Monday, August 18, 2014

Pacing Charts

I've been working on a manuscript for over a year now, writing and rewriting it over and over, each revision (I think) getting better than the one before. At the same time, every time I revised the manuscript, I sunk a little deeper in it. Got closer to it. Until it became really difficult to see the forest for the trees. I felt like (I sometimes still feel like) I was up to my eyeballs in words, so close to them that although I could tell on a sentence, or even a paragraph, level if something was working, I no longer had an overarching view of the project, what it was, where it was going.

Enter the pacing chart.

For this revision, instead of trekking through the story one chapter after another, losing sight of what had come before and forgetting what was supposed to come after, I thought I would try something different. I read through the entire manuscript very quickly, in a day, I think, only making short notes like "MORE HERE" and "INSERT A BEAT." This gave me a sense of the story, the main conflicts, the character arcs. The basic stuff.

Then I made a list of every chapter (and the stories that fall between chapters, a la The Kingdom of Little Wounds), and I assigned each chapter to one of two categories:

A) Action

B) Talking

Obviously no chapter or scene is purely action or purely dialogue, but if a scene mostly involved the characters doing things and moving the plot forward in big ways, I coded it red. If a scene mostly involved the characters talking, growing, arguing, or reflecting, I coded it blue. If a chapter was evenly split and I couldn't decide, I simply made it both.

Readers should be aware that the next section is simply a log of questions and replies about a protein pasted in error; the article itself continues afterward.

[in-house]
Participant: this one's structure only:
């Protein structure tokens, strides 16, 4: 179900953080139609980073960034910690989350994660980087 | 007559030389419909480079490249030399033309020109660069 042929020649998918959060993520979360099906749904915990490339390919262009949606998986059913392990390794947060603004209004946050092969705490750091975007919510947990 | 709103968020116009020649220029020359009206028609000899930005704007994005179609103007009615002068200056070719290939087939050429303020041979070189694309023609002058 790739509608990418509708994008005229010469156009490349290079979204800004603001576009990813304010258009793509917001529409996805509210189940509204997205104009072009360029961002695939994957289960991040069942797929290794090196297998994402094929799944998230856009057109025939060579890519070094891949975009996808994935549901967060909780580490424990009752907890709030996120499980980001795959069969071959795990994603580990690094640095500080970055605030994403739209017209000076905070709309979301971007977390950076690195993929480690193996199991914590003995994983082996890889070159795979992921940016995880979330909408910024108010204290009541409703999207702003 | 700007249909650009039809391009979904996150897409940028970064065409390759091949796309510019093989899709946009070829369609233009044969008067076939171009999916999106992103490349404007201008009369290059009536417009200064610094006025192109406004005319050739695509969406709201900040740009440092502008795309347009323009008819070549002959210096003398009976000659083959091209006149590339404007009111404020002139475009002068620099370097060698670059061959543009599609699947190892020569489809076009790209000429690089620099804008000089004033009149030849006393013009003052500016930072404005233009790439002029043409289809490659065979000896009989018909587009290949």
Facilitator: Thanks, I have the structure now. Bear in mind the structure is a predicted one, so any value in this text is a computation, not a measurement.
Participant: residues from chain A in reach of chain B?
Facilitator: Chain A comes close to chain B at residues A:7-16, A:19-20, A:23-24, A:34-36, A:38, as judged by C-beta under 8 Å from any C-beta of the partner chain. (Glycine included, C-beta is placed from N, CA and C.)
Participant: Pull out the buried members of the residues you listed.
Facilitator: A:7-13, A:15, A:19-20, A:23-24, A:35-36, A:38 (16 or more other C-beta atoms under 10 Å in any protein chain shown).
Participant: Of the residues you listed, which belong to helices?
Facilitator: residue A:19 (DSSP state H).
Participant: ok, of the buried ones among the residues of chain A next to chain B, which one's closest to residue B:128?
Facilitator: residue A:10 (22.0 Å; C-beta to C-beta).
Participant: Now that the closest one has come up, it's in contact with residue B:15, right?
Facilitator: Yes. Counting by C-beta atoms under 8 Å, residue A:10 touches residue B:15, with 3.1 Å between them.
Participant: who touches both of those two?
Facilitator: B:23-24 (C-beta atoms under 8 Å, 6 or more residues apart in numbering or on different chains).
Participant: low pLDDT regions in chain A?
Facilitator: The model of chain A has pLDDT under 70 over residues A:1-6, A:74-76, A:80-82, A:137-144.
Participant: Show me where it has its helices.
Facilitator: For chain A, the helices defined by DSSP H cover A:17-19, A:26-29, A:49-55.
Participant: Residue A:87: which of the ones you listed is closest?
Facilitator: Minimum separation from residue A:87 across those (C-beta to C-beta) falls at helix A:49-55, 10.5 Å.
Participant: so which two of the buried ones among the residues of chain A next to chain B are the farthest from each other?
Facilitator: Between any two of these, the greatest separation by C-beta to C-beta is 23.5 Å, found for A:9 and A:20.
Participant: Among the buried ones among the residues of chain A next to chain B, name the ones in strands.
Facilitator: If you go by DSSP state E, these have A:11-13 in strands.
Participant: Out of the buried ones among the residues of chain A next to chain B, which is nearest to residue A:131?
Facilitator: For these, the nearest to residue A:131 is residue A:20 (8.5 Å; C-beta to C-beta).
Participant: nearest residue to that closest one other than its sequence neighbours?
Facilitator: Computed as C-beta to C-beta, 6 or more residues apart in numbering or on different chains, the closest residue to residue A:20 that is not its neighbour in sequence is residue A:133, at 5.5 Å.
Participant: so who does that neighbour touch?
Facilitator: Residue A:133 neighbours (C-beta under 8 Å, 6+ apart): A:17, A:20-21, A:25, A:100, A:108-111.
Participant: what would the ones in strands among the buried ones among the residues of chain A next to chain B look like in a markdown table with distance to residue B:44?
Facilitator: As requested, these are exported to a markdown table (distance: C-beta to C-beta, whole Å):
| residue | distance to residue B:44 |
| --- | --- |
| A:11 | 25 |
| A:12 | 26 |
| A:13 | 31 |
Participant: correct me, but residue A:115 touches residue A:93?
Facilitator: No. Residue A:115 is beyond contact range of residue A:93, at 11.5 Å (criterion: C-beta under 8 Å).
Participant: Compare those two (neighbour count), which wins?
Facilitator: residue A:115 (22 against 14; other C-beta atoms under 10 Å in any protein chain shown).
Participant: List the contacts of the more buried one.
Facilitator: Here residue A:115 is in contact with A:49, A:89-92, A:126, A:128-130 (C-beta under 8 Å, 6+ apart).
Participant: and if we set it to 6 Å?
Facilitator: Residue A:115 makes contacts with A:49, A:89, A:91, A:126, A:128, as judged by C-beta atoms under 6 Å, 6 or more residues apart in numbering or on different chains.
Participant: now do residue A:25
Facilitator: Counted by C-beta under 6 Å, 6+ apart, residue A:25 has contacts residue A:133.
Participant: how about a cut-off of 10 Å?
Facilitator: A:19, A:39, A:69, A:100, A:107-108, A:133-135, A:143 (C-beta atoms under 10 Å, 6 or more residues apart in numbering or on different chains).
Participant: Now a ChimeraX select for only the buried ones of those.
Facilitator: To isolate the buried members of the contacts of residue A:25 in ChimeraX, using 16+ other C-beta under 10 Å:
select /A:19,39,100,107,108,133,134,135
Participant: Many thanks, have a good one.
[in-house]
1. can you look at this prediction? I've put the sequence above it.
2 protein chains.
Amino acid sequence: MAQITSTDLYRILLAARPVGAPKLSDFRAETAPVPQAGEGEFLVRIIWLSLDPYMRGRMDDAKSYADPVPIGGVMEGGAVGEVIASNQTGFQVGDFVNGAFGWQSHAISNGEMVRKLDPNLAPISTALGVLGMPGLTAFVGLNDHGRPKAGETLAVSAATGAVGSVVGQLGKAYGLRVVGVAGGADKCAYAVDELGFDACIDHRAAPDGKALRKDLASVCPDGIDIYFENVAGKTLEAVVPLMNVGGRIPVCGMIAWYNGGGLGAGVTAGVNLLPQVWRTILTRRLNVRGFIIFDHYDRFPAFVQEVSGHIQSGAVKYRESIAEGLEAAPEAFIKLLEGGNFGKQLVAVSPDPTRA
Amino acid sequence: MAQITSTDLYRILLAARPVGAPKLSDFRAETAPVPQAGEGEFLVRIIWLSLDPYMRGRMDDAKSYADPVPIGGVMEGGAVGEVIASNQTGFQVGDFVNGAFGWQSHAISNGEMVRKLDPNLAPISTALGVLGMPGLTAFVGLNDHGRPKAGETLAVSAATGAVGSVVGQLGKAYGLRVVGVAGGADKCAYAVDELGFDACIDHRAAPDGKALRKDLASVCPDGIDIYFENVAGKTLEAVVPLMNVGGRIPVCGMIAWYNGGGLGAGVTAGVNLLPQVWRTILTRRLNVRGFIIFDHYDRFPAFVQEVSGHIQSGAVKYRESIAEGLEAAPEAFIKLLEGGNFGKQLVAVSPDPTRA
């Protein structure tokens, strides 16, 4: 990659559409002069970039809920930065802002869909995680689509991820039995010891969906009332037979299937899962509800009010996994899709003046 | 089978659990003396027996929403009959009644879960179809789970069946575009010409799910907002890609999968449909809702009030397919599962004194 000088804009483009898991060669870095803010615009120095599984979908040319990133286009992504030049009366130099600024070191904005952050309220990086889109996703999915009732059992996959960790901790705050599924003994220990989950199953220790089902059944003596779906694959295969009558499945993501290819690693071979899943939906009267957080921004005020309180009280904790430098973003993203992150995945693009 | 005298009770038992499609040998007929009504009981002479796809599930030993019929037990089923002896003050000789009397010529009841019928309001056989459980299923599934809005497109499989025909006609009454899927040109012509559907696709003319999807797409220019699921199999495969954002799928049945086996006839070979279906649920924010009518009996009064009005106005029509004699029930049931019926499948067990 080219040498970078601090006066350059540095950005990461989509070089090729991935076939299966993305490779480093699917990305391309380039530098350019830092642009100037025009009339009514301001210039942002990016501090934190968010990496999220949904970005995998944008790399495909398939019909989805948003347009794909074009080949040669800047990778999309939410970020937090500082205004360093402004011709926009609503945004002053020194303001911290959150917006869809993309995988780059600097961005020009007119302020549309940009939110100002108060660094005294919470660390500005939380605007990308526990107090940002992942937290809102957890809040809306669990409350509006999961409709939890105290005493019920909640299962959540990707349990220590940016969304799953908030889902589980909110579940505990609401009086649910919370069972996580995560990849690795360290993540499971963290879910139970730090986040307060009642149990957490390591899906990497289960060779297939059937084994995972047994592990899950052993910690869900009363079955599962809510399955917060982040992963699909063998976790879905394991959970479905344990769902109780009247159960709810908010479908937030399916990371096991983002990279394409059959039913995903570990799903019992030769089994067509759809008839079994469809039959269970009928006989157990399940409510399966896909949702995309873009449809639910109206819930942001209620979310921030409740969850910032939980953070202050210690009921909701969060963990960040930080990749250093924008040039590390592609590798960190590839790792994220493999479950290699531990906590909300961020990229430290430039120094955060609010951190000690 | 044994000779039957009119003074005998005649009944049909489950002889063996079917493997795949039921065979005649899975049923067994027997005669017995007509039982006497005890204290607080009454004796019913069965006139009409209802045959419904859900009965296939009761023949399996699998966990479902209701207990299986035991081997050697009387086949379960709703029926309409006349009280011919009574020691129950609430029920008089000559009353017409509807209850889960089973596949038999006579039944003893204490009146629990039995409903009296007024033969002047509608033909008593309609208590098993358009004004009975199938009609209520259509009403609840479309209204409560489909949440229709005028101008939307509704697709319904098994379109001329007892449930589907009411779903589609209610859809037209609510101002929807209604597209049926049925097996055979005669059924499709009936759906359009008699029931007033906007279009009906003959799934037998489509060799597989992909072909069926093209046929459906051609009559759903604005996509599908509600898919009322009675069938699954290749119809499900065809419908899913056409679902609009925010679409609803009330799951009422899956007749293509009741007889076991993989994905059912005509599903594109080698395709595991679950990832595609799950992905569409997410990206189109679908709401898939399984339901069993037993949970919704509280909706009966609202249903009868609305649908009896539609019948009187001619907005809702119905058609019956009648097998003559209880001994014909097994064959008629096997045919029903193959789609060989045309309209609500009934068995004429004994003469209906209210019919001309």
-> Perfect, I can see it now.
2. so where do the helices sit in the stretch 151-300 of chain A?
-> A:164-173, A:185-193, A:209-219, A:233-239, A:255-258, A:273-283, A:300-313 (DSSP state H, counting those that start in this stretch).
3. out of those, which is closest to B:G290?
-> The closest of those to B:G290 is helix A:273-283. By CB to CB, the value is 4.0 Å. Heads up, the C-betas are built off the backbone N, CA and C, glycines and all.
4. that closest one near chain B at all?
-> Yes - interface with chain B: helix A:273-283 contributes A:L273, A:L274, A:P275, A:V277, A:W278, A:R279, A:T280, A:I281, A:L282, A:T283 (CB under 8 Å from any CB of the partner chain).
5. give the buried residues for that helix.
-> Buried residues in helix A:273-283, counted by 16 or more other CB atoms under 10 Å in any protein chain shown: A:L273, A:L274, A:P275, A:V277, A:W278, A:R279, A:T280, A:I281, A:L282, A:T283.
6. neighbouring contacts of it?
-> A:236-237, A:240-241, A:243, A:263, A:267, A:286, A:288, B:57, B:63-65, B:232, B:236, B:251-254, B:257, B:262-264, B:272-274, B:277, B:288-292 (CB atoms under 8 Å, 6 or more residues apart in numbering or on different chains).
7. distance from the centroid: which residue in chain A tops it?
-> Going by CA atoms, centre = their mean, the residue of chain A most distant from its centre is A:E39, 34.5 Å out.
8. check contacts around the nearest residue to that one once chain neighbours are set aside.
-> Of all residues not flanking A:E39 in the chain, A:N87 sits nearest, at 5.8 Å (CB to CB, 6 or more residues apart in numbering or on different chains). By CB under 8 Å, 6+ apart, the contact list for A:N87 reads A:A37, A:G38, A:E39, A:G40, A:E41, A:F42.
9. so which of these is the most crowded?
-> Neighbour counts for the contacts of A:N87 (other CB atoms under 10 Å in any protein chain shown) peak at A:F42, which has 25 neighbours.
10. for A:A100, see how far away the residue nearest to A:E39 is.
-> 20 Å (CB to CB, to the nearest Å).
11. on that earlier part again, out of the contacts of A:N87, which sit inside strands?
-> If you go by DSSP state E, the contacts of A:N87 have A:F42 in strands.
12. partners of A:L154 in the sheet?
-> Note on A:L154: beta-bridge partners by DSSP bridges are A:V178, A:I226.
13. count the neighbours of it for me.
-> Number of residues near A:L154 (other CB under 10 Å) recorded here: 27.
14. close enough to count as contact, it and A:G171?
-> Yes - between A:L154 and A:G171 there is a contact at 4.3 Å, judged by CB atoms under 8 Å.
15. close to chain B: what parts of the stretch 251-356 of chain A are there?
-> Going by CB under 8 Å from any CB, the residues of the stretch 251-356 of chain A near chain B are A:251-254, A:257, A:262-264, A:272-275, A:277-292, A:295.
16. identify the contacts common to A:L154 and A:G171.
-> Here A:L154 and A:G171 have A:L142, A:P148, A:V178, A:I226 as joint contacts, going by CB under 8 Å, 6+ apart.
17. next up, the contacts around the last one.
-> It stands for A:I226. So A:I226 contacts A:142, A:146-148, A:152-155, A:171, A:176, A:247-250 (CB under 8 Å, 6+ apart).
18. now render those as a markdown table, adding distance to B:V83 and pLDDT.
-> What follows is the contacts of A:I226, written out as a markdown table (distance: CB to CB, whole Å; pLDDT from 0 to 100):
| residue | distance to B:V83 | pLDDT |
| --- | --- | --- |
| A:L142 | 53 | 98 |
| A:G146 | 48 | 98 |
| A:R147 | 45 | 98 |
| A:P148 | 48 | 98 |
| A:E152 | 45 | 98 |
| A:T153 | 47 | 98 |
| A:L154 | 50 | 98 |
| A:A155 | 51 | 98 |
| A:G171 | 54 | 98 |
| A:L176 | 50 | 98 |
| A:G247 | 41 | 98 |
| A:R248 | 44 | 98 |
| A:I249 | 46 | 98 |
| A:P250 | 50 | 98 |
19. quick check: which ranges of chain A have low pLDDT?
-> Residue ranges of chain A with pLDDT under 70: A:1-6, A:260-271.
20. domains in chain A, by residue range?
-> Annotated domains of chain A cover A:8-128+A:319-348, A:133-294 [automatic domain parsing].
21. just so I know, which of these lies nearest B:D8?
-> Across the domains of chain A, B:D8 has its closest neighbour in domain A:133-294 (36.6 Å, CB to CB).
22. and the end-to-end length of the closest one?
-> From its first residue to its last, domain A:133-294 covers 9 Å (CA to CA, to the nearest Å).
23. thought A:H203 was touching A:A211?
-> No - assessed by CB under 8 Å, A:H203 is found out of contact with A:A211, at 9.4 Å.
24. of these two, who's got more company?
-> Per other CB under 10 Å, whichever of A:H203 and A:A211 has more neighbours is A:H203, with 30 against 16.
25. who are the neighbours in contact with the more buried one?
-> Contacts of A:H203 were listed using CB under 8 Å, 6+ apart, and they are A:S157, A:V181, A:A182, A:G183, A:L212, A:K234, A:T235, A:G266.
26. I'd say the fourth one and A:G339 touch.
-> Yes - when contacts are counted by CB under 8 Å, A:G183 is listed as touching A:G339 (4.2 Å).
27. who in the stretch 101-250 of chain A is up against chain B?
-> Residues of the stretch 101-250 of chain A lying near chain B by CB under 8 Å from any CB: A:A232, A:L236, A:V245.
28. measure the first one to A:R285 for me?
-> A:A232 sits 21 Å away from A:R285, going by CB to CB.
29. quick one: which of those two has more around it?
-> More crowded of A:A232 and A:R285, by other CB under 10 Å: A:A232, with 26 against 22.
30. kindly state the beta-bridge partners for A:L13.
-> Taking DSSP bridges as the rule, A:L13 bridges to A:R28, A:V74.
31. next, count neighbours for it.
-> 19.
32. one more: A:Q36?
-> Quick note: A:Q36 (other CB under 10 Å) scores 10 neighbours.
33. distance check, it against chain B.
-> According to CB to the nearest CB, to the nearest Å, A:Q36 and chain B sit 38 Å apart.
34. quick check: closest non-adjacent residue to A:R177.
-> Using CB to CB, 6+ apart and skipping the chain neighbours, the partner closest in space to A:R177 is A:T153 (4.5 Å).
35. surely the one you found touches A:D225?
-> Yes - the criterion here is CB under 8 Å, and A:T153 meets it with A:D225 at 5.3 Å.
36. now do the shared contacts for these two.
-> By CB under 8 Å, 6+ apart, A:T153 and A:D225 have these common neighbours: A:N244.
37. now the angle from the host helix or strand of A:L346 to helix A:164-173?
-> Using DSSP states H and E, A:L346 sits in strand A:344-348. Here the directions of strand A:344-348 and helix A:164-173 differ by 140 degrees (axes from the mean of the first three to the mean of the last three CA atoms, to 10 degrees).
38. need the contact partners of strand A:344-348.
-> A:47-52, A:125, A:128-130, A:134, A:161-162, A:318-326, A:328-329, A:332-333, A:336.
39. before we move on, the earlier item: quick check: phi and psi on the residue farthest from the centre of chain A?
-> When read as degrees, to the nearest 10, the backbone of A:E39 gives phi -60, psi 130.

As you can see, I ended up with a lot of blue chapters all clustered together, most notably Chapters 7-10 and Chapters 22-28. For a fantasy novel, these are fairly sizeable stretches for people to be doing nothing but talking.

(Apparently, I really like making my characters talk. And reflect. And go on and on about the meaning of what's happened to them. I think this is just a part of my process, understanding what my characters are really thinking and feeling, articulating it for myself. But I don't think all that necessarily belongs in a novel.)

And boy did it show in the manuscript. I loved those sections, but they slowed the pacing so much. The pacing chart just allowed me to see it.

So when I went back to revising, I was able to target these sections specifically, switching talking chapters to action chapters to make sure I never had more than three blue sections in a row. You can see to the right: I added a big fat action-packed scene between Chapters 8 and 9 and added two action scenes in the big slog between Chapters 22 and 28.

This was a pretty huge undertaking, and it took me about two months to do it because I had to rework the main storyline as well as two subplots, but I like to think it made the manuscript better. Without even reading it, I can see that there's a better balance between talking and action, as the reds and blues are more evenly spaced.

I've never made a pacing chart like this before, and I have to say it was a pretty valuable exercise for guiding my latest revision. I'm not sure if it will work for all stories, as talking/action is a pretty artificial division, but I can say it worked for me.

What are your tips, tricks, or exercises for addressing pacing in your own work? What do you do when you're so in it that you lose sight of the big picture?

Tuesday, July 15, 2014

Now That's Something You Can't Do With an eBook

With this lovely picture book Megumi Kajiwara and Tathuhiko Nijima, readers use a handheld light source to create shadows that help tell the story. The reader in the video is using a cell phone, but how cool would this be by candlelight?

Saturday, June 7, 2014

The Frozen Sea Inside Us

I think we ought to read only the kind of books that wound and stab us. If the book we’re reading doesn’t wake us up with a blow on the head, what are we reading it for? So that it will make us happy, as you write? Good Lord, we would be happy precisely if we had no books, and the kind of books that make us happy are the kind we could write ourselves if we had to. But we need the books that affect us like a disaster, that grieve us deeply, like the death of someone we loved more than ourselves, like being banished into forests far from everyone, like a suicide. A book must be the axe for the frozen sea inside us. That is my belief.

--Franz Kafka (via Brain Pickings)